3. Noise pollution: The plant which is proposed to be built at the west end of the site (at the bottom of my garden) will house Air Handling Units (AHUs) to pump fresh air around the hotel, plus other equipment. According to the Noise and Vibration Report, the AHUs are forecast to increase noise levels in the immediate neighbourhood from 43dB to 65dB, an increase of 22dB. The same report describes the human response to an increase of 21dB or more as Very Substantial - the highest rating. Visiting refuse trucks, service delivery trucks and coaches will of course add to this.
4. Traffic: The short stay nature of budget hotels means we can expect a high turnover of guests, and a similar high turnover of their vehicles. The White Hart roundabout is routinely congested at rush hour and the opening of the Lidl store on the south-eastern side of the roundabout will likely increase congestion.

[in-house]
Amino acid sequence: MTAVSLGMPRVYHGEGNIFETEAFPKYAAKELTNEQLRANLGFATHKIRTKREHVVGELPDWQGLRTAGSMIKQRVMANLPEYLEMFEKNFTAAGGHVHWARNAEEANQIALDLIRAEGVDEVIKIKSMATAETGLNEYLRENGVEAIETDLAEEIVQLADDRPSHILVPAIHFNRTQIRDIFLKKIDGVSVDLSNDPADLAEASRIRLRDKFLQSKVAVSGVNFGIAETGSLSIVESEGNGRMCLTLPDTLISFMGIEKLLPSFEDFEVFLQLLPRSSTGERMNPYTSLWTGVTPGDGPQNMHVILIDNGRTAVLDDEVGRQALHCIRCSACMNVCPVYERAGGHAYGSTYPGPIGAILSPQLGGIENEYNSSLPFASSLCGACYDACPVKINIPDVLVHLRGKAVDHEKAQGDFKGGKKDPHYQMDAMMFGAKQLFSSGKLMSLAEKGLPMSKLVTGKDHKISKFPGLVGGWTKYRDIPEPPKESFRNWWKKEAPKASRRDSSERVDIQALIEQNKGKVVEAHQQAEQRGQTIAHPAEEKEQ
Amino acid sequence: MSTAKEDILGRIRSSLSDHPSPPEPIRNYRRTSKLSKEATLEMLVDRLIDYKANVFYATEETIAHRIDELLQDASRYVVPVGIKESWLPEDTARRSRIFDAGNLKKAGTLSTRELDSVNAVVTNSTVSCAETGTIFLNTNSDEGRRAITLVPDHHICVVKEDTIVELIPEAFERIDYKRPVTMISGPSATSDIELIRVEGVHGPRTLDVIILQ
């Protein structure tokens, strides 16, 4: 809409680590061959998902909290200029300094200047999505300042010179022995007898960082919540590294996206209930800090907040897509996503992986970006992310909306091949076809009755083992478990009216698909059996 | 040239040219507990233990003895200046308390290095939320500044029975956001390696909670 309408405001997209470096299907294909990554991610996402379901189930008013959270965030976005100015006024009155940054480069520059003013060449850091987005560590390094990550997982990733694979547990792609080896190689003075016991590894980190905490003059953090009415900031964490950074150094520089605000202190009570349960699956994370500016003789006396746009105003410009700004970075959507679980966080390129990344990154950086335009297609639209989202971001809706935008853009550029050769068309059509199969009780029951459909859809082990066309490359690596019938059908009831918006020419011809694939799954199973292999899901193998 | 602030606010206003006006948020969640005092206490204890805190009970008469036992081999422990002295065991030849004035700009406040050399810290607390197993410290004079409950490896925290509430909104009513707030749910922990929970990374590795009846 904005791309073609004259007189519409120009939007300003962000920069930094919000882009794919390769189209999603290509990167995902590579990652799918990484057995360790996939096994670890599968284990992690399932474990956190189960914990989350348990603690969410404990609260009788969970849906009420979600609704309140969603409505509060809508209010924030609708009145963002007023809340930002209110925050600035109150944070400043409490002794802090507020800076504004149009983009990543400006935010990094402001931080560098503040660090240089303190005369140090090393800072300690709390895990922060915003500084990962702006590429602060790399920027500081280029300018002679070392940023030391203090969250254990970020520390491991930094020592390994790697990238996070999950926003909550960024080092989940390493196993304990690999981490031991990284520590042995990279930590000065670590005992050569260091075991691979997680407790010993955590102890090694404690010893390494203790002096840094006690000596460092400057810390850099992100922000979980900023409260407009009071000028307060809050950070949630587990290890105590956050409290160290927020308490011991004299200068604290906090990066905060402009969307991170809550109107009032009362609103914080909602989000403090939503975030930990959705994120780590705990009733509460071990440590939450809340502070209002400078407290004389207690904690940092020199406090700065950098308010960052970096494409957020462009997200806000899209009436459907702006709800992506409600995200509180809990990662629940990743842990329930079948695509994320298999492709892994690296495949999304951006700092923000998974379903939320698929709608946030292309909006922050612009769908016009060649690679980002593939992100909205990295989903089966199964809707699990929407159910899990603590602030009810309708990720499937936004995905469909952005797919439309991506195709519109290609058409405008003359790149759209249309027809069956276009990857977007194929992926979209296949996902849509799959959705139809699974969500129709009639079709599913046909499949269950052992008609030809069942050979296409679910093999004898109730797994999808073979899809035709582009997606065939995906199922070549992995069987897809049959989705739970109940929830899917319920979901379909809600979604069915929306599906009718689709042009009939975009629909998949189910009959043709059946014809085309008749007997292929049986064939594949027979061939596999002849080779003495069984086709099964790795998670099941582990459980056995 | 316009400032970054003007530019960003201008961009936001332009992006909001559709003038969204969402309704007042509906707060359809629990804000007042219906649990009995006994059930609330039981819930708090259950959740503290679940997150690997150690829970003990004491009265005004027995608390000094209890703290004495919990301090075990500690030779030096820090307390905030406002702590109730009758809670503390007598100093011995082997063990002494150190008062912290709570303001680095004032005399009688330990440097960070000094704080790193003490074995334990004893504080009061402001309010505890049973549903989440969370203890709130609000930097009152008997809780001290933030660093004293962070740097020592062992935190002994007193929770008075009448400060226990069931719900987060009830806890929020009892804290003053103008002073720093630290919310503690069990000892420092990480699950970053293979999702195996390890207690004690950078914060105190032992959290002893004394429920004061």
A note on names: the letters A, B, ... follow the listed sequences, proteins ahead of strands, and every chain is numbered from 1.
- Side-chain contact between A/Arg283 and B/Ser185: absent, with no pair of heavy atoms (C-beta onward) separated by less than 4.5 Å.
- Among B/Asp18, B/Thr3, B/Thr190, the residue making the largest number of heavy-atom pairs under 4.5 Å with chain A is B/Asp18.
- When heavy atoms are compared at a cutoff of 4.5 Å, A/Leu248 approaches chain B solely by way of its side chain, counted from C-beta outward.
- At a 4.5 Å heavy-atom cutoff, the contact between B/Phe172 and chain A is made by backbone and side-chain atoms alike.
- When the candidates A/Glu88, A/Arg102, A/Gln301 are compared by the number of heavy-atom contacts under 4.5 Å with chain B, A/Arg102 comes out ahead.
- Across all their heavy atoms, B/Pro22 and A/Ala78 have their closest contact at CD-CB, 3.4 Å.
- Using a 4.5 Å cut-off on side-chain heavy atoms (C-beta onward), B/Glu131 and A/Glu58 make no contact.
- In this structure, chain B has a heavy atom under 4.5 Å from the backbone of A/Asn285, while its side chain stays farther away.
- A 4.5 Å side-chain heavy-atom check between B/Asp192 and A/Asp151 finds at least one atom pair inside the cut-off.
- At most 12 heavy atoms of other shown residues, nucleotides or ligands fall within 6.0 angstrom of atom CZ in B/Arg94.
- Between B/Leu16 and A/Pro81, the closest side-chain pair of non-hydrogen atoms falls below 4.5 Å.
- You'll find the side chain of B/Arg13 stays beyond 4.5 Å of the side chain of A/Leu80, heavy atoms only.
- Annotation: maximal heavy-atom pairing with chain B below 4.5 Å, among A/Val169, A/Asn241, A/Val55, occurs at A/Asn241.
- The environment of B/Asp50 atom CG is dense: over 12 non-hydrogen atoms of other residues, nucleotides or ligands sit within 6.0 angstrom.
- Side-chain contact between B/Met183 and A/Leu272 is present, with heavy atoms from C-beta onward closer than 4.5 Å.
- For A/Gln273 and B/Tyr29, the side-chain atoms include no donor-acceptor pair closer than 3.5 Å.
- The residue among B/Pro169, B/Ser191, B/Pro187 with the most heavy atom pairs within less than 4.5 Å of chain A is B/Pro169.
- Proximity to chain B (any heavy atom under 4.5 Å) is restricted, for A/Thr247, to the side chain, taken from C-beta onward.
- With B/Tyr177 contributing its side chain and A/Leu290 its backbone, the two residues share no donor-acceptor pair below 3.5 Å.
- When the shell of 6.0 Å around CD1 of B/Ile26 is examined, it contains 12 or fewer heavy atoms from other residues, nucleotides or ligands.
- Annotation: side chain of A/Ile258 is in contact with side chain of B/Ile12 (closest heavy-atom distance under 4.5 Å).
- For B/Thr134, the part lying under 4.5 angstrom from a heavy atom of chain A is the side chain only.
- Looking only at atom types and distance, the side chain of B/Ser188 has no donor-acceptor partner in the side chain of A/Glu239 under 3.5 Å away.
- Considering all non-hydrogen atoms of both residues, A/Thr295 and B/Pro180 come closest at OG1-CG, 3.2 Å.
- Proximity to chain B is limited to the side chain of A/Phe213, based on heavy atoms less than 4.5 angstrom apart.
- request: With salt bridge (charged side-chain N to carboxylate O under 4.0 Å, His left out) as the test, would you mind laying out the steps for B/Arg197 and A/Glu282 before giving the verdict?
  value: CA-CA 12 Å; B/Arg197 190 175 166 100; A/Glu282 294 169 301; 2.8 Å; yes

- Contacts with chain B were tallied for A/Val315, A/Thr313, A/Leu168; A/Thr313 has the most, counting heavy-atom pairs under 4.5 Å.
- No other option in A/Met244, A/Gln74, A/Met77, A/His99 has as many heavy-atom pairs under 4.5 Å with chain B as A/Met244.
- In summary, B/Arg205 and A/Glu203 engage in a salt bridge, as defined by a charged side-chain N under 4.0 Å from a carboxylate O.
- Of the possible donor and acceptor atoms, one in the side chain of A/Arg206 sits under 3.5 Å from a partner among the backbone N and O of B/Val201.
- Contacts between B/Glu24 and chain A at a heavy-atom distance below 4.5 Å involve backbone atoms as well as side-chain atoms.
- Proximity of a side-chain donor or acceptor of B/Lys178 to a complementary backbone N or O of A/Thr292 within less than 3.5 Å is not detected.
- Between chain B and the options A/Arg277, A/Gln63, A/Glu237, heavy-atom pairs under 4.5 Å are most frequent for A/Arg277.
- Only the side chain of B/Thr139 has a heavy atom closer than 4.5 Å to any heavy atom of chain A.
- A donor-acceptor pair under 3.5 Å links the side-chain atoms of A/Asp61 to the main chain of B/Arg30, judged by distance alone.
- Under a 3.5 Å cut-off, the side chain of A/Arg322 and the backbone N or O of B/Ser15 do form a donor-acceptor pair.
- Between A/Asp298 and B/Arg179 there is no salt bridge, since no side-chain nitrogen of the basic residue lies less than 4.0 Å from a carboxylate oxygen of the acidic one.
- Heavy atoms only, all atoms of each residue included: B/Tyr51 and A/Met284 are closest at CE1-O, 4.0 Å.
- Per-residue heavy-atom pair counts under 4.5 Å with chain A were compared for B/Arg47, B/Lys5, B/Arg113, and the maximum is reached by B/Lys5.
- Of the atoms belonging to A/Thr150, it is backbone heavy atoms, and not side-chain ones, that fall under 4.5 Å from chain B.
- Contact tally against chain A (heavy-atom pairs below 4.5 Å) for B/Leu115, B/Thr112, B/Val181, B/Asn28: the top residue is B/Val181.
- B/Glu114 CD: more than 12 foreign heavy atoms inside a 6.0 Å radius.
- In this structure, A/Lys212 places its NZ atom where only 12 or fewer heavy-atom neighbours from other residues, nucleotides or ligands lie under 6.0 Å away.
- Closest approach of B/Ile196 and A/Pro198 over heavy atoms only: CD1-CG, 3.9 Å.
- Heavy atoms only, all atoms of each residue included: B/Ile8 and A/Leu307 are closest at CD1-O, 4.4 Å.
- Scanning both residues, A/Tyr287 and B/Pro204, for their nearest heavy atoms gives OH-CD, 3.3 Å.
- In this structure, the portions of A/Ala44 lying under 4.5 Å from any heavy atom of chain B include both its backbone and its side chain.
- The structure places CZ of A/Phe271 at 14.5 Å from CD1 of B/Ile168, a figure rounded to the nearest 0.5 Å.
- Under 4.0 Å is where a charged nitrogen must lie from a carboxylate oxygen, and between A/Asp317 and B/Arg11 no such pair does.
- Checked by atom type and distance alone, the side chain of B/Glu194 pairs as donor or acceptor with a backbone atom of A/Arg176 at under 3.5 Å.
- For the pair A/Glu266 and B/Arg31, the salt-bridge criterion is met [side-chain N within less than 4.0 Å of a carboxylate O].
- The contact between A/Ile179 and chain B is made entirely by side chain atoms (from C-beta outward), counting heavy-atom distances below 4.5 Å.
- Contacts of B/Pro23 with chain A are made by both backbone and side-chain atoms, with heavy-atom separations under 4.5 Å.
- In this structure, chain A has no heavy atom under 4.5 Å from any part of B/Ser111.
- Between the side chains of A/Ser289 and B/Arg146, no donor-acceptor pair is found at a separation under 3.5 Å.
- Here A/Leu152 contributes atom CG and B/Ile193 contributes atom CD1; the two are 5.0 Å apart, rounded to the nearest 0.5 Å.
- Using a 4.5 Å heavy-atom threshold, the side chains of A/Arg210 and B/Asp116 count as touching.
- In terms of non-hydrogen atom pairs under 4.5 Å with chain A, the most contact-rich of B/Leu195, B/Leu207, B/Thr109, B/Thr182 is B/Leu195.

5. Access and parking: The access road leading to the proposed development is barely wide enough for two cars, and visitors to the Kingdom Hall of Jehovahs witnesses routinely use the access road for parking. I do not see how this road can provide two way access for larger vehicles. 38 parking spaces does not seem adequate for the size of hotel. I expect demand for parking spaces to spill over into neighbouring streets where parking is already very limited.
6. Pollution: The expected increase in traffic, plus plant equipment at the hotel will inevitably increase air and noise pollution, to the detriment to the wellbeing of families in the neighbourhood.